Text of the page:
BY WALTER OPINDE
LaSalle D. Leffall, Jr. is a leading oncology surgeon and educator. As a doctor, he believes that the role of the medical school teacher is to “instruct, inspire, stimulate, develop talent, raise aspirations, and stretch the imagination.” He encourages his students to “strive for excellence and avoid using race as an excuse for any lack of success.”
Born and raised in the then-segregated Florida, LaSalle was strongly influenced by well-educated parents who encouraged his academic pursuits and emphasized “education as the great equalizer.” Upon his graduation from high school at the age of 15 years, LaSalle knew his chances of admission at a predominantly white university was near impossible. Therefore, he decided to attend historically black Florida A&M University and graduated summa cum laude in 1948 at the age of 18 years. He earned his medical degree in 1952 from Howard University College of Medicine in Washington, D.C. where he was the top ranking student in his class.
Dr. Leffall completed an internship at Homer G. Phillips Hospital in St. Louis in 1953 and then spent his residency at both Freedmen’s Hospital and D.C. General Hospital in Washington, D.C. He was accepted as one of the first black surgical oncology fellows at Memorial Sloan-Kettering Cancer Center in New York in 1957 and remained there before serving two years in the U.S. Army Medical Corps.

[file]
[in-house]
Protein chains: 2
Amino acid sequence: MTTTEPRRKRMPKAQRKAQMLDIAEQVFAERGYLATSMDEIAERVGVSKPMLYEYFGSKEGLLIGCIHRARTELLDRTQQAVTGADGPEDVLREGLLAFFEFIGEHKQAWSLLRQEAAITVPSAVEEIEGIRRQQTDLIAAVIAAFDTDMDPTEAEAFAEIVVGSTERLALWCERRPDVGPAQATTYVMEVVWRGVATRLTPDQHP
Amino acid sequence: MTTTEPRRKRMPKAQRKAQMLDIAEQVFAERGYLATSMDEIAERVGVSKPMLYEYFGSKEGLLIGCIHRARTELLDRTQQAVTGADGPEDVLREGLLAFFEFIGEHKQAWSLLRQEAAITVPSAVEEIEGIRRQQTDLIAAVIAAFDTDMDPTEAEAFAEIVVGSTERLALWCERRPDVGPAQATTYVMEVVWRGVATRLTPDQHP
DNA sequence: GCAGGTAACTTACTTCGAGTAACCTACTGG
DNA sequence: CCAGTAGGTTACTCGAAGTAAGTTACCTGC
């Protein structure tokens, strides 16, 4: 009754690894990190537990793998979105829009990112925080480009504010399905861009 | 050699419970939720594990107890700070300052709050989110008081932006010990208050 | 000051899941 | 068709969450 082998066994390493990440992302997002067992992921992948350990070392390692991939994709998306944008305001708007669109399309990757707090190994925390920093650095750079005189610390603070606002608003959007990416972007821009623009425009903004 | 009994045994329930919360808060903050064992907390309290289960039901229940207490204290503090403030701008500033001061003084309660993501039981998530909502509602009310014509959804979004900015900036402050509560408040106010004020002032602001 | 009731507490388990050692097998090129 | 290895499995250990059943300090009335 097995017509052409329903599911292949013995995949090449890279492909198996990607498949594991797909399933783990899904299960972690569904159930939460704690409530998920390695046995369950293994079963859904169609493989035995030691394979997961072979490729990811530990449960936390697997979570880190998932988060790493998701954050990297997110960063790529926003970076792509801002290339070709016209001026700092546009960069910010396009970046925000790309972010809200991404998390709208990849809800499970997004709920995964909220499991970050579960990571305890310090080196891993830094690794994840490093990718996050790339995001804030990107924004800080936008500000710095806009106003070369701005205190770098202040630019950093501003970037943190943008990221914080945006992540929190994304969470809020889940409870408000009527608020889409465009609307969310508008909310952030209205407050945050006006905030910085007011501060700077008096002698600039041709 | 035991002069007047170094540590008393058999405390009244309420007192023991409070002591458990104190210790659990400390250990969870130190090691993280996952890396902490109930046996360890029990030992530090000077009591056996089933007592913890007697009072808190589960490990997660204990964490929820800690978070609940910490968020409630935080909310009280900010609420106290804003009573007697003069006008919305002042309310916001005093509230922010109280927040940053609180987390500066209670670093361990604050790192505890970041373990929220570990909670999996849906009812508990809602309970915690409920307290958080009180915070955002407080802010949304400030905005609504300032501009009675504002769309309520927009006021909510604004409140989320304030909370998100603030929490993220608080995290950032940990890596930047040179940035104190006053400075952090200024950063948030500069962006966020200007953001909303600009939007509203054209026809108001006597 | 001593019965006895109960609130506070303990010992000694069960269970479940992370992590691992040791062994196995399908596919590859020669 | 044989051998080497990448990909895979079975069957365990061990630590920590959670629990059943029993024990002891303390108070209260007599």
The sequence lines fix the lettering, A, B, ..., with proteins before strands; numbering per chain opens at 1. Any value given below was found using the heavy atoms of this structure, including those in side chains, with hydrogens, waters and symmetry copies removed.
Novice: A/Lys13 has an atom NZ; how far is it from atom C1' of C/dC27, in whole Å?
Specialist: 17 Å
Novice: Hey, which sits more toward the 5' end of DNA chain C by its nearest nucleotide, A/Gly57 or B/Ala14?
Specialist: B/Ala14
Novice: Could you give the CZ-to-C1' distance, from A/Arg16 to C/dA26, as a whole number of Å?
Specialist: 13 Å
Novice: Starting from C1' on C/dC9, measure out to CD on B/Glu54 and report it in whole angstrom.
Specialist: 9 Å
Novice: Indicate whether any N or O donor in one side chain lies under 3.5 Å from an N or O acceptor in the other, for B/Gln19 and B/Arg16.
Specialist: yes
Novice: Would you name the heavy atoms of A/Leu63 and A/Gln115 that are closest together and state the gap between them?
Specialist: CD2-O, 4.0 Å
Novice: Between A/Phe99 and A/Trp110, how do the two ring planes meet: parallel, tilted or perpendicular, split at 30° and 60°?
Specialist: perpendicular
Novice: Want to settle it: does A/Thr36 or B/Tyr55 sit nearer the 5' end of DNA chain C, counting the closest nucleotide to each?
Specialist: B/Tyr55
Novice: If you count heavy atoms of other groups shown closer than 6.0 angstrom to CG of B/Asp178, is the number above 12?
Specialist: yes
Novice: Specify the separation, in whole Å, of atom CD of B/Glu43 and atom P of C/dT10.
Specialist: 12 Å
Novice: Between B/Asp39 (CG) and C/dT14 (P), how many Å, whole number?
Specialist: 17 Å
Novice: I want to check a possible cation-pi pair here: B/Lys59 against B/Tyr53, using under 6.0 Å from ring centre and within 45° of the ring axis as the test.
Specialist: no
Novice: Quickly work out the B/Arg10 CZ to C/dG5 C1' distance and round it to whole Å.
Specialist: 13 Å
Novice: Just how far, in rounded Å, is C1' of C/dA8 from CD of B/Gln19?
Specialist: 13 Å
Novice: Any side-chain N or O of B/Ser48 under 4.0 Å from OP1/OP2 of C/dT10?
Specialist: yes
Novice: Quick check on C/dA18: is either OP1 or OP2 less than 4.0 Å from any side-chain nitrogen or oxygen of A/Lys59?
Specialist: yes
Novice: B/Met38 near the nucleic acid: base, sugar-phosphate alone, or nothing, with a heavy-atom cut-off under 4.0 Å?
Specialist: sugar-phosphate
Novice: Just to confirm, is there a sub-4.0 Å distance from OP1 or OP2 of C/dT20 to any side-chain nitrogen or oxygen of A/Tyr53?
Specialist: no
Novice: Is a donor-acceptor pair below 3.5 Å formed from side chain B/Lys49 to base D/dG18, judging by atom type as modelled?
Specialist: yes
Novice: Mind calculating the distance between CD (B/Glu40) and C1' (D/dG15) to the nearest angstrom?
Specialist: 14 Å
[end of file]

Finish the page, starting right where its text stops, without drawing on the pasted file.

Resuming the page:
Returning to Howard University to concentrate on an academic career in surgical oncology, Dr. Leffall rose through the ranks from assistant professor of surgery in 1962, to the chairman of the department of surgery in 1970, a position he held for over 25 years. He is currently the first Charles R. Drew Professor of Surgery at Howard University College of Medicine. Out of the 7500 medical school graduates, Dr. Leffall has taught over 5000, and more than 250 surgical residents in his career at Howard University.
Dr. Leffall served as the first African-American President of the American College of Surgeons in 1979, and the first African-American President of the American Cancer Society in 1978. He holds eleven honorary degrees and was appointed a member and chair of the President’s Cancer Panel by President George W. Bush in 2002, and is the Chairman of the Board of the Susan G. Komen Breast Cancer Foundation. Following the credo that “education is the great equalizer”, Dr. Leffall was able to move beyond the boundaries of racism and prejudice and be successful in his education, his medical career and his life.
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